Today, Con’s name lives on in the Connswater River which flows through East Belfast. The significance of its name should not be overlooked. It was his river, he controlled it, and when it was spoken about colloquially it was sometimes called ‘Con’s Water’.
The Connswater River is formed at the confluence of its tributaries. The first of these, the Knock River rises in the Holywood Hills and flows for six miles along the Dundonald Gap to meet the River Loop near Elmgrove Primary School. One of its tributaries has its spring near the site of Castle Reagh, then flows north to join the Loop River at Abetta Parade. This is where the Connswater River officially begins. Just a few metres on, the river flows under an ancient footbridge, Con’s Bridge.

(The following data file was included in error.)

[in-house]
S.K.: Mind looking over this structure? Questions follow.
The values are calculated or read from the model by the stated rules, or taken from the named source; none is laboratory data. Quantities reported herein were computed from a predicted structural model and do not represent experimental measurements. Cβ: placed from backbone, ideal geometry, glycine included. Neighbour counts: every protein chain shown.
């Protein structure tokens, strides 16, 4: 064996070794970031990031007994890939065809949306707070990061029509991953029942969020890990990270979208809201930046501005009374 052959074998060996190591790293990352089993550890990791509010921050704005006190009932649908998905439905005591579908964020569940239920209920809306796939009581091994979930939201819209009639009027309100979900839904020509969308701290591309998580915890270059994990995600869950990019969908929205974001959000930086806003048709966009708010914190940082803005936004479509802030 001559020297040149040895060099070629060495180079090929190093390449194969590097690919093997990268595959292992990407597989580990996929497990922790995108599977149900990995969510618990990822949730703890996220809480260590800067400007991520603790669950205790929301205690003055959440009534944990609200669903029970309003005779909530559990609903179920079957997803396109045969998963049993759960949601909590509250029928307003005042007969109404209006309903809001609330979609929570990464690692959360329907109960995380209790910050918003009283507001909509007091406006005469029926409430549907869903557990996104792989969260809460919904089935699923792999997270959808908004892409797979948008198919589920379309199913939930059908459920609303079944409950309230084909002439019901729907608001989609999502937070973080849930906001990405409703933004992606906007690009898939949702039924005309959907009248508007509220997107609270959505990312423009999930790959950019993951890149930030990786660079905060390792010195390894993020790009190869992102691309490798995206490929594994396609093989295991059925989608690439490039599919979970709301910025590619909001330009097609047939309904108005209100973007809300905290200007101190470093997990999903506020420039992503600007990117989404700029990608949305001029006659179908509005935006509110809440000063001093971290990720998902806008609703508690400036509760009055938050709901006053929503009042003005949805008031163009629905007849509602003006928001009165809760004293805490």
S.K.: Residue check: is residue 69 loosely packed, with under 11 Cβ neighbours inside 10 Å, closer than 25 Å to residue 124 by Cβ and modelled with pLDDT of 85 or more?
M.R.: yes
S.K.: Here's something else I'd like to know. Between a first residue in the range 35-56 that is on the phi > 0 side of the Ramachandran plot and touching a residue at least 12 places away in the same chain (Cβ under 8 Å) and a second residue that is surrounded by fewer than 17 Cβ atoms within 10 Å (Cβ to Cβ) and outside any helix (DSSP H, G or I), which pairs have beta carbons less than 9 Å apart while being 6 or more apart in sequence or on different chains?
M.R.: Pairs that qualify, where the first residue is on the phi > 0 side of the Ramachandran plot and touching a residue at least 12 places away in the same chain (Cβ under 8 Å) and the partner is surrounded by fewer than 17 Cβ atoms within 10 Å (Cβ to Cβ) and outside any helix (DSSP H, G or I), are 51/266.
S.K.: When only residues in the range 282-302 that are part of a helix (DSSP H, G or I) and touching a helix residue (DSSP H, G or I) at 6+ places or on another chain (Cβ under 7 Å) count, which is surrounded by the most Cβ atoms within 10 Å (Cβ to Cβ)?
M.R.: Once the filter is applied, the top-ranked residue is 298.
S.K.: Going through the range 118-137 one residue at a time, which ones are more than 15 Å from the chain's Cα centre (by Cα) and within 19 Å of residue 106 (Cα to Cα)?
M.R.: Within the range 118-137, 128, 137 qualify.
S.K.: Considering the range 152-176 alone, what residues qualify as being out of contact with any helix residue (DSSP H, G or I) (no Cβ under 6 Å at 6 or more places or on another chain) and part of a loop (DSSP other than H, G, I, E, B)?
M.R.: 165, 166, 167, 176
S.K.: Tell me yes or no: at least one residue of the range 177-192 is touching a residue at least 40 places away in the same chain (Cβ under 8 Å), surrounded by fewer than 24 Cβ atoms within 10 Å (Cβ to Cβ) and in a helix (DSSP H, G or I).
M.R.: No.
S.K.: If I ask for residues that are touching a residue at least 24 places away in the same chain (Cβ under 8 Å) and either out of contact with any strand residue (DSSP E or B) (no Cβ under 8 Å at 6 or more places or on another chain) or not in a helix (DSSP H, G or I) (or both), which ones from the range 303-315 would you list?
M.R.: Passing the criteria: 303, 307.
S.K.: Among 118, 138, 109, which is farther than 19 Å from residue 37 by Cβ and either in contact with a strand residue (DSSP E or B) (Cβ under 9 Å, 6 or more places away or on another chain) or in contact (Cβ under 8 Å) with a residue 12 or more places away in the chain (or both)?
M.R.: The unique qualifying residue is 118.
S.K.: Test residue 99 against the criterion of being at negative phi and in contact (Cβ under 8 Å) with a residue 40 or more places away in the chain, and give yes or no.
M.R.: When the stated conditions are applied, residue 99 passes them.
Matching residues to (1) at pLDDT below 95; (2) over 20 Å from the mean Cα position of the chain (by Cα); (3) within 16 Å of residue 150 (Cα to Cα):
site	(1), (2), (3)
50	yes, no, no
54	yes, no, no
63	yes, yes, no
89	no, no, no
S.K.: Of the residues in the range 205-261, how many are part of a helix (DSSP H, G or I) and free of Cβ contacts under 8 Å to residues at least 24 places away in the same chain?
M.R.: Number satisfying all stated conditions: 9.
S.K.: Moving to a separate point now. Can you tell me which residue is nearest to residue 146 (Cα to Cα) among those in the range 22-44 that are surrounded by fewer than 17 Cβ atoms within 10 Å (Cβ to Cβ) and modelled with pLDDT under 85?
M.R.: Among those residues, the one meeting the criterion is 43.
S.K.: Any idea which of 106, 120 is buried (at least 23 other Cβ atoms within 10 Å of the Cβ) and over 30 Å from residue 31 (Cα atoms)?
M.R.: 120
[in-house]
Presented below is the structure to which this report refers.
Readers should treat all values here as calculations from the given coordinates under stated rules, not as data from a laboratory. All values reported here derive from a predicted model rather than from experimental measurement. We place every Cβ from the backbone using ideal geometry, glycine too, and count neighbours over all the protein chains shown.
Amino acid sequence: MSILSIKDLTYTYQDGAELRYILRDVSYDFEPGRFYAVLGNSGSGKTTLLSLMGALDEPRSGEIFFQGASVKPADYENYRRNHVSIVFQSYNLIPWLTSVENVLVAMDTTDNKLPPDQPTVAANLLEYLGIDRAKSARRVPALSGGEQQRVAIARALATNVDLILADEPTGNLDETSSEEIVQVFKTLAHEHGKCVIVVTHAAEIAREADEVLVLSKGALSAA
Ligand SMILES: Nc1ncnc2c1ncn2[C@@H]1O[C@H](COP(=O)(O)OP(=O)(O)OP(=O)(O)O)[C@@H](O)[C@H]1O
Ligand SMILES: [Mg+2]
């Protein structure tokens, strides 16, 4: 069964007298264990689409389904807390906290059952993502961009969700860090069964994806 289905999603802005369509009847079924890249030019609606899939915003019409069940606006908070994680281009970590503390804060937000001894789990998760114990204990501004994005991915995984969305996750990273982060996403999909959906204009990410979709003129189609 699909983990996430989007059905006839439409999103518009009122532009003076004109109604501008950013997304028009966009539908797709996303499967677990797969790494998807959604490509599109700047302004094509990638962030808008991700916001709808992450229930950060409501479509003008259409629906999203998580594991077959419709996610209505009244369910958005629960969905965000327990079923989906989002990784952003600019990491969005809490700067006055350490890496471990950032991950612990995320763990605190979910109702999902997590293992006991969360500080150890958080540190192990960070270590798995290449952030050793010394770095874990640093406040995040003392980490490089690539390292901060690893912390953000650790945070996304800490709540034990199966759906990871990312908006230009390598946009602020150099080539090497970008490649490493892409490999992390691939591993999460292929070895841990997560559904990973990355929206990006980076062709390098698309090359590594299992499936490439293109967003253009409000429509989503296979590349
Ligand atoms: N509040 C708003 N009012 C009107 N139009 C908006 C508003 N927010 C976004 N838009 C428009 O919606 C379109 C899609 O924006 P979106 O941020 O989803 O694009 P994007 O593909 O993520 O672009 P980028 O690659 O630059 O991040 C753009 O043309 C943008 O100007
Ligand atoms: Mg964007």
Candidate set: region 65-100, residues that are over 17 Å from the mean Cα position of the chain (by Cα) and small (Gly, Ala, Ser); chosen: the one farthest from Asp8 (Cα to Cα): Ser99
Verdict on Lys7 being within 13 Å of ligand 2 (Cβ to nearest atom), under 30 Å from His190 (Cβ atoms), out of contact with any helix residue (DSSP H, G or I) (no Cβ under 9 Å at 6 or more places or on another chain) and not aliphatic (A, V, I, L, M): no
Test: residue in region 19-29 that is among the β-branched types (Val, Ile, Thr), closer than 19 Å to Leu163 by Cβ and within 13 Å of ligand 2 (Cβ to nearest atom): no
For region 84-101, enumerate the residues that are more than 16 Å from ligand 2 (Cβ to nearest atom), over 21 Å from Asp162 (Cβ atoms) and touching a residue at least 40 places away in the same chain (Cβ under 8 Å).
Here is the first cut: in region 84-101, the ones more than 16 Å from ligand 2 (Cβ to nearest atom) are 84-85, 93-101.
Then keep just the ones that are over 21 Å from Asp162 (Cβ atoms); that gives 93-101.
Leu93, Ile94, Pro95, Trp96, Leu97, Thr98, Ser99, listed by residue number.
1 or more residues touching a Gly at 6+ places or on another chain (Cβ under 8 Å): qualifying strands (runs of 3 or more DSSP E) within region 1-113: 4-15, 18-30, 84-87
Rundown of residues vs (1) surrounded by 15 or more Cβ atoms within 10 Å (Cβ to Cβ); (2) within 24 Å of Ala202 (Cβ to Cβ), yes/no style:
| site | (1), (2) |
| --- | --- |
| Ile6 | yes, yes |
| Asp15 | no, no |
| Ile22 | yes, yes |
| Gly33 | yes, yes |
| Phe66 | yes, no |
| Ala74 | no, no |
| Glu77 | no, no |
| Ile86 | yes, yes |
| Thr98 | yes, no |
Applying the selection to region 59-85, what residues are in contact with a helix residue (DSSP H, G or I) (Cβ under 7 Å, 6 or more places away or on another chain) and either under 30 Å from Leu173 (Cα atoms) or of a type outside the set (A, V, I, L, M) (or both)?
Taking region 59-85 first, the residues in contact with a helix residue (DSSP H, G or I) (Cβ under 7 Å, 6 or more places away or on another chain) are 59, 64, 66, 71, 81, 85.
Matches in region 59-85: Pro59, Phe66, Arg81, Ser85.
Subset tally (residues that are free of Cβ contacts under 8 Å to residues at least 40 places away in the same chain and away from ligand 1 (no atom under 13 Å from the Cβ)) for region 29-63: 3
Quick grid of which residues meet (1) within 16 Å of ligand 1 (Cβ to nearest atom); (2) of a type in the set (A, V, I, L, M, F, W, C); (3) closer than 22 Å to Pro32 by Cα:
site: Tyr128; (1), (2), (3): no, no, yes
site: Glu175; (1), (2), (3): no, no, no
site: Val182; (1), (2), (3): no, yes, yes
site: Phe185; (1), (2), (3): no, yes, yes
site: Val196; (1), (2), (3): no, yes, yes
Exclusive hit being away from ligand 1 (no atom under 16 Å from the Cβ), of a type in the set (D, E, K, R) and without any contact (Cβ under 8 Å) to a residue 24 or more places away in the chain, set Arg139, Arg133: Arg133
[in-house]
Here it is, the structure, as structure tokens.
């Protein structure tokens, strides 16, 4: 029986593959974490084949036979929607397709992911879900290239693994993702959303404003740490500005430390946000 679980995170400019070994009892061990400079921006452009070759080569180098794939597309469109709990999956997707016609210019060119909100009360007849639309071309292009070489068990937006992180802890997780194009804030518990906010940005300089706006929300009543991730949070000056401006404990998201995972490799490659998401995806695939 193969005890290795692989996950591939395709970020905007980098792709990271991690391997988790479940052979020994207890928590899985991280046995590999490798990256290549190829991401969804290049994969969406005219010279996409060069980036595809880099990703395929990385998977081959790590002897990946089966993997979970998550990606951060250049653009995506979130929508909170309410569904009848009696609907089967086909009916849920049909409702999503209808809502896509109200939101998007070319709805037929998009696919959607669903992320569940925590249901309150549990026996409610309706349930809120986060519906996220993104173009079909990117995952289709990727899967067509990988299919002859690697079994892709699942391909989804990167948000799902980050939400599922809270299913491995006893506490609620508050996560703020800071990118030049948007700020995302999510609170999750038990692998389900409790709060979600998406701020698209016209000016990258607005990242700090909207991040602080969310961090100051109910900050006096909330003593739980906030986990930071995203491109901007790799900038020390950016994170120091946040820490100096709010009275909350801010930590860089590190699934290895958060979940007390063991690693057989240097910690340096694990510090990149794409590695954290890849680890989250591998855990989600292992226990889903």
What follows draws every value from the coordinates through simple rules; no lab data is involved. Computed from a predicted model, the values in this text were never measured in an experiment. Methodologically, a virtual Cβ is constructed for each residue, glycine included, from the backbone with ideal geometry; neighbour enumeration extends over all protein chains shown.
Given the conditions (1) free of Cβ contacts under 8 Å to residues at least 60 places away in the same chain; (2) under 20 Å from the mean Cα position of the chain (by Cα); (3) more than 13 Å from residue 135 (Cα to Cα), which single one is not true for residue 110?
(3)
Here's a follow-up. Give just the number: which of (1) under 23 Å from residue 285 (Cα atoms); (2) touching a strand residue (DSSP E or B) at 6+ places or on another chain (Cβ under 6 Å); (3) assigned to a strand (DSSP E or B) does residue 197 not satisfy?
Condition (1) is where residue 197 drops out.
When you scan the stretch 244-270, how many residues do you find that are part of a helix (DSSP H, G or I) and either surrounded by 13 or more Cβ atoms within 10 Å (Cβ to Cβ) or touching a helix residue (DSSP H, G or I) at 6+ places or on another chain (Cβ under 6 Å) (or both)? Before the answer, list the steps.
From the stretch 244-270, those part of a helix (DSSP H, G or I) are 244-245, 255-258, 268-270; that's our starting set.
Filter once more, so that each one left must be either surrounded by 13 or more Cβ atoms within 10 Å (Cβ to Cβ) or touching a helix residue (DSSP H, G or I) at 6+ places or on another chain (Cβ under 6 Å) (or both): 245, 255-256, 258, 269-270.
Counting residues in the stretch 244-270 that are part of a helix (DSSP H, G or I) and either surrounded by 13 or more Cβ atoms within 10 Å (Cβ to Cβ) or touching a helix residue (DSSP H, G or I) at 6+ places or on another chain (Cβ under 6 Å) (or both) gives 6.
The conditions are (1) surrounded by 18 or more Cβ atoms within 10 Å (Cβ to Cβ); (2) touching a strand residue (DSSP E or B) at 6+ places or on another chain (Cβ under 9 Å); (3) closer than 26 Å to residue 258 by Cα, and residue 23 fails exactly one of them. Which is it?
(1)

Local tradition suggests that this pedestrian bridge dates from the late sixteenth century or the beginning of the seventeenth century and was built for Con O’Neill. The bridge lies at the confluence of the Knock and Loop rivers, where they merge to form the much larger and more dangeround Connswater River, which was prone to dangerous tidal surges. The bridge is located along the original ancient route from Ballymacarrett into North Down. It is a simple structure to other remaining ‘Pack Horse’ bridges and would have been used for men, horses and livestock to cross the river.
The small but elegant stone footbridge crosses the river where it meets the Beersbridge Road. It has a small path of cobbled paving on each side and has recently been repointed and landscaped under the greenway scheme. Essentially undateable, it is very likely to be the oldest stone structure in Belfast.
Some suggest it is older still and was crossed by King John in 1210, as he made his way through Down. Another suggestion is that it was named the King’s Bridge because the WIlliamite army passed over it in 1689. Another reference point is the founding of Castle Reagh, and the building of links with Belfast and the north. Like much else about Con, it is an enigma, which only time and new evidence will eventually resolve.